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AYS Daily Digest 12/09/19: Deportation is no solution

German parliamentary secretary urges Greece to speed up returns to Turkey / 74.000 people benefit from Cash Assistance in Greece / Operation “Sophia” continues with no rescue ships / German Protestant Church and SMH want to send rescue ships to the Med / Germany criticized for delaying family reunifications from Greece

Credits: Twitter/Giorgos Kosmopoulos (July 2016)

Deportations as solution of all problems — this seems to be the way the parliamentary secretary of the Interior Ministry in Germany thinks. Stephan Mayer said to Funke Mediengruppe (via DW): “We urgently need to make progress in small repatriations to Turkey, to improve the deteriorating conditions at certain hot spots on the islands.” This seems to be a reaction of the increasing number of arrivals on the Greek islands from Turkey in the recent weeks. However, this statement ignores the right of Tenthousands of poeple to ask for asylum and have a fair process — if necessary in the different instances of a court. The asylum service still needs to process some 70.000 cases.

Since that March 2016 deal was implemented, 1,904 people have been deported to Turkey, while 24,348 Syrians were resettled from Turkey to EU-countried. The deal originally meant, that all people who arrive on the Greek islands, will be deported back to Turkey. For each Syrian among the deportees, one Syrian on a waiting list in Turkey (who did not try to make it by boat) will be resettled.

Meanwhile 187 arrived on the Aegean islands today. Aegean Boat Report counted 87 on Lesvos, 35 on Chios and 65 on Samos.

In August, more than 74.000 people (37.000 families) benefited the cash assistance of UNHCR. According to their own account, the people live in 113 different locations and received a total of 7.6 Million Euros. May sound like a lot in total, but in the end it makes around 100 Euro per person or 200 Euro per family for one month.

Volunteers on the Greek island of Symi are fundraising money to deal with the increasing number of new arrivals.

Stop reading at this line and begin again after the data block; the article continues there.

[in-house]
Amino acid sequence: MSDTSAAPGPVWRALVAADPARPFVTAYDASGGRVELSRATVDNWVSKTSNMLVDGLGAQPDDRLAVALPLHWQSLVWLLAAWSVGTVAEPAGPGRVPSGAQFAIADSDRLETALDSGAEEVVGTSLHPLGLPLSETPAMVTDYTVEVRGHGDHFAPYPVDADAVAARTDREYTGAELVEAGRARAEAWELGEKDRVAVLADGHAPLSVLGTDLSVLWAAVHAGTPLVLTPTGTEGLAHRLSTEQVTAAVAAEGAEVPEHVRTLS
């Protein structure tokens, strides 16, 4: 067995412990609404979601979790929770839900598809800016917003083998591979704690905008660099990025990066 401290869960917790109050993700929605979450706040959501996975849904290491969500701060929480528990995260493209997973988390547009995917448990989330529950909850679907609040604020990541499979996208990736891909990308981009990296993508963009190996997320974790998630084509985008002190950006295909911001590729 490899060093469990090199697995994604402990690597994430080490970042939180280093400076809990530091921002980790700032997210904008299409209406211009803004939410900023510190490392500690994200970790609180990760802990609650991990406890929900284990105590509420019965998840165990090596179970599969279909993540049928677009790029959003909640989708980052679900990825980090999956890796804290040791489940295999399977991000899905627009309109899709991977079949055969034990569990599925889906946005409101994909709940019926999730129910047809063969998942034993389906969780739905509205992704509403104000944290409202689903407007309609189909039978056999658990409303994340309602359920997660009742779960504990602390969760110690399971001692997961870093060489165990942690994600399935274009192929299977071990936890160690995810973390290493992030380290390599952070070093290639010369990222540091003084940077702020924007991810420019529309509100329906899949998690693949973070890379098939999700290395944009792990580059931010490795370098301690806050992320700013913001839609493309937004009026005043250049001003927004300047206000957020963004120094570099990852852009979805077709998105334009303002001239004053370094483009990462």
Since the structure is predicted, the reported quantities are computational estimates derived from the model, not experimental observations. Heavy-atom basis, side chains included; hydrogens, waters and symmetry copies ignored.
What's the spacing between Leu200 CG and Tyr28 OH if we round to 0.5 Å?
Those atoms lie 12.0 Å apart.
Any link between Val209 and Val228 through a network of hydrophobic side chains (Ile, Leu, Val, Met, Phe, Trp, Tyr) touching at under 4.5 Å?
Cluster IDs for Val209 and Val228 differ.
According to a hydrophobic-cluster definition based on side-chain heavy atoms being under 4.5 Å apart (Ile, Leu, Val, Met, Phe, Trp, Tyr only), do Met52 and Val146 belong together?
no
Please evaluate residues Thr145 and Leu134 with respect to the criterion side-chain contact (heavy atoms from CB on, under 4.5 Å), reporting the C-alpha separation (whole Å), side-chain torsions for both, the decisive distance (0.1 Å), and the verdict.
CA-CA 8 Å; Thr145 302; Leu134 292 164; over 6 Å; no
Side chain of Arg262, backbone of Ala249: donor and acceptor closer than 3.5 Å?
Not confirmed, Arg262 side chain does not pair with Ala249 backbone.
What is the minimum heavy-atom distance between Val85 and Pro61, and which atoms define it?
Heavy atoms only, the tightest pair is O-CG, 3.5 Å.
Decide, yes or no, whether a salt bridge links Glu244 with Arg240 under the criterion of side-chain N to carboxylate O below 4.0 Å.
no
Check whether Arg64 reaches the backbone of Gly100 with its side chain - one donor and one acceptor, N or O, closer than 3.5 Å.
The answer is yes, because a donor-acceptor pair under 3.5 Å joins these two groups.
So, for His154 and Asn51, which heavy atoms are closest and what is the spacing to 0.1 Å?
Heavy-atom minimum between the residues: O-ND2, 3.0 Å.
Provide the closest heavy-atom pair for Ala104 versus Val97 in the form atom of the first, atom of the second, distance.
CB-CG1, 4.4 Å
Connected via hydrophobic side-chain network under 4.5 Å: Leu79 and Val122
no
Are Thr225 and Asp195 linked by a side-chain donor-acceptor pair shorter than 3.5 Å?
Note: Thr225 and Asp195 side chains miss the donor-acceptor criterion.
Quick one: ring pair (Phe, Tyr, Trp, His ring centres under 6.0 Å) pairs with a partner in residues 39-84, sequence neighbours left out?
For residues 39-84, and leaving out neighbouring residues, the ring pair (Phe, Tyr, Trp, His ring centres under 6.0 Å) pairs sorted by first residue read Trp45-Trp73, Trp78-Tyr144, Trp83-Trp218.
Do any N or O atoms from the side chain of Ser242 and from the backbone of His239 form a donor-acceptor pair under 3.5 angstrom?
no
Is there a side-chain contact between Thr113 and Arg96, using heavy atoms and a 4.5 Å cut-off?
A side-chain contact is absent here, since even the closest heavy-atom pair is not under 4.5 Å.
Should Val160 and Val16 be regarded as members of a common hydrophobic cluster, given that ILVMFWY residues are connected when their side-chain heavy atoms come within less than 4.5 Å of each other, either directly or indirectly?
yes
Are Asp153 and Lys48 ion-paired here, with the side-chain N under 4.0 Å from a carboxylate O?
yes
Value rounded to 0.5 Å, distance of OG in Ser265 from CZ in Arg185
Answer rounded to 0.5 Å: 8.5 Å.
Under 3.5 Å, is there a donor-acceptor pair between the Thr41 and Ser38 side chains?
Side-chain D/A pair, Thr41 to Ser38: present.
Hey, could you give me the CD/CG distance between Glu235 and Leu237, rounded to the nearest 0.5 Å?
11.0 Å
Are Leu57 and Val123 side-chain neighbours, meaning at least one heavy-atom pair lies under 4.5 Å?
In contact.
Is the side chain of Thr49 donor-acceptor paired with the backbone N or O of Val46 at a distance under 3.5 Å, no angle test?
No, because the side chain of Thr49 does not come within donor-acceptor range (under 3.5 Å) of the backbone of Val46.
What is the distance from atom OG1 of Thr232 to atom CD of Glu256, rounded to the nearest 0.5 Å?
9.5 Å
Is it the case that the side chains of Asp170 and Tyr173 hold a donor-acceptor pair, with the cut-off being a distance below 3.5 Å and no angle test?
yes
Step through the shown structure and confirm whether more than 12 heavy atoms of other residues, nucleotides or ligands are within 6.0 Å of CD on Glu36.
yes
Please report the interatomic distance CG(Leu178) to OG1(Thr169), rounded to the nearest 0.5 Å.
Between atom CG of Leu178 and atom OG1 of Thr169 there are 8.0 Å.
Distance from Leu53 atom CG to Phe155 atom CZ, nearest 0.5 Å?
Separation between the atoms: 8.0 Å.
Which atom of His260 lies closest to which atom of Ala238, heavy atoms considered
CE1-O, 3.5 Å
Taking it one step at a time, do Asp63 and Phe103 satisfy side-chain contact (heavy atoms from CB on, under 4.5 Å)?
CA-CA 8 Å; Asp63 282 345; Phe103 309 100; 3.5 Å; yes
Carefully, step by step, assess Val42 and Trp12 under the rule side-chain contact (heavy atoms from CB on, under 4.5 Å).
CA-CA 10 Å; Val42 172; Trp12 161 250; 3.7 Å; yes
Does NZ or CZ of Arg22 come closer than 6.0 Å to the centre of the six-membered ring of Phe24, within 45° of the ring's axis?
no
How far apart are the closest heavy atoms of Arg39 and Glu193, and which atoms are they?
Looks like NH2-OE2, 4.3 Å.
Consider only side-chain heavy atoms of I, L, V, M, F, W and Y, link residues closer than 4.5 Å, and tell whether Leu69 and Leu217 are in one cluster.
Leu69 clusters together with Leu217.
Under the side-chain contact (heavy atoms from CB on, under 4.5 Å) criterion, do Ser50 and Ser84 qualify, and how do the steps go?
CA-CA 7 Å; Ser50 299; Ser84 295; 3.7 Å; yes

The EU countries decided to extent operation “Sophia” in the Mediterranean by six months until 31st March 2020, AFP found out (via 24matins). But after the mission is without ships since March this year, they will not rescue anyone in distress. De facto, it will continue to be a surveillance missionwith drones and airplanes.

One ship, which is still present in the Mediterranean is the Ocean Viking of SOS Mediterranee and Doctors Without Borders (MSF). On Wednesday they a rescued pregnant woman in her ninth month and her husband were brought to Malta, while 82 survivors still wait to disembark at a safe harbor, writes RP Online.

The council president of the protestant church in Germany (EKD), Heinrich Bedford-Strohm, announced, that the EKD will send a rescue ship to the Mediterranean. The council agreed, to found an association in which churches, institutions and volunteers will team up to realize this project. “As long as people who seek protection are drowning in the Mediterranean and governmental action fails, we will support civil sea rescua as good as we can,” he said.

Also the NGO Spanish Salvamento Maritimo Humanitario (SMH) requested permission to send its ship Aita Mari to a humanitarian mission to the Mediterranean from next Tuesday on. SMH head Íñigo Mijangos explained, they need permission from the Maritime Administration in Spain. They might be prevented to rescue migrants, writes Diariovasco (via News from the Med).


Many police mechanisms were involved this Thursday morning close to the camp close to the park Gayeulles in Rennes, where about 400 people live at the moment. It was an “operation of control of identity”, as the authorities explained. 4 people were reportedly detained during the operation.


Refugee Support Aegean and Pro Asyl criticize, that the German Dublin Unit increasingly refuses to take charge for requests of family reunions by their Greek Counterparts:

These persistent refusals by the German asylum authorities affect first and foremost the family unity of individuals that have already suffered from conflict, war and persecution and mostly impact upon the best interest and wellbeing of refugee children that have often been separated from their families for prolonged periods.

Especially after the cap on transfers in 2017, even accepted people had to wait longer than the six-month deadline provided by the Dublin Regulation: “ RSA/PRO ASYL followed-up more than 40 cases of refugee families who had to wait on average up to one year after their ‘take-charge’ request was accepted by Germany in order to reunite with their loved ones.” More than 4000 people were affected by this practice.

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Are You Syrious?

News digests from the field, mainly for volunteers and people on the move, but also for journalists, decision makers and other parties.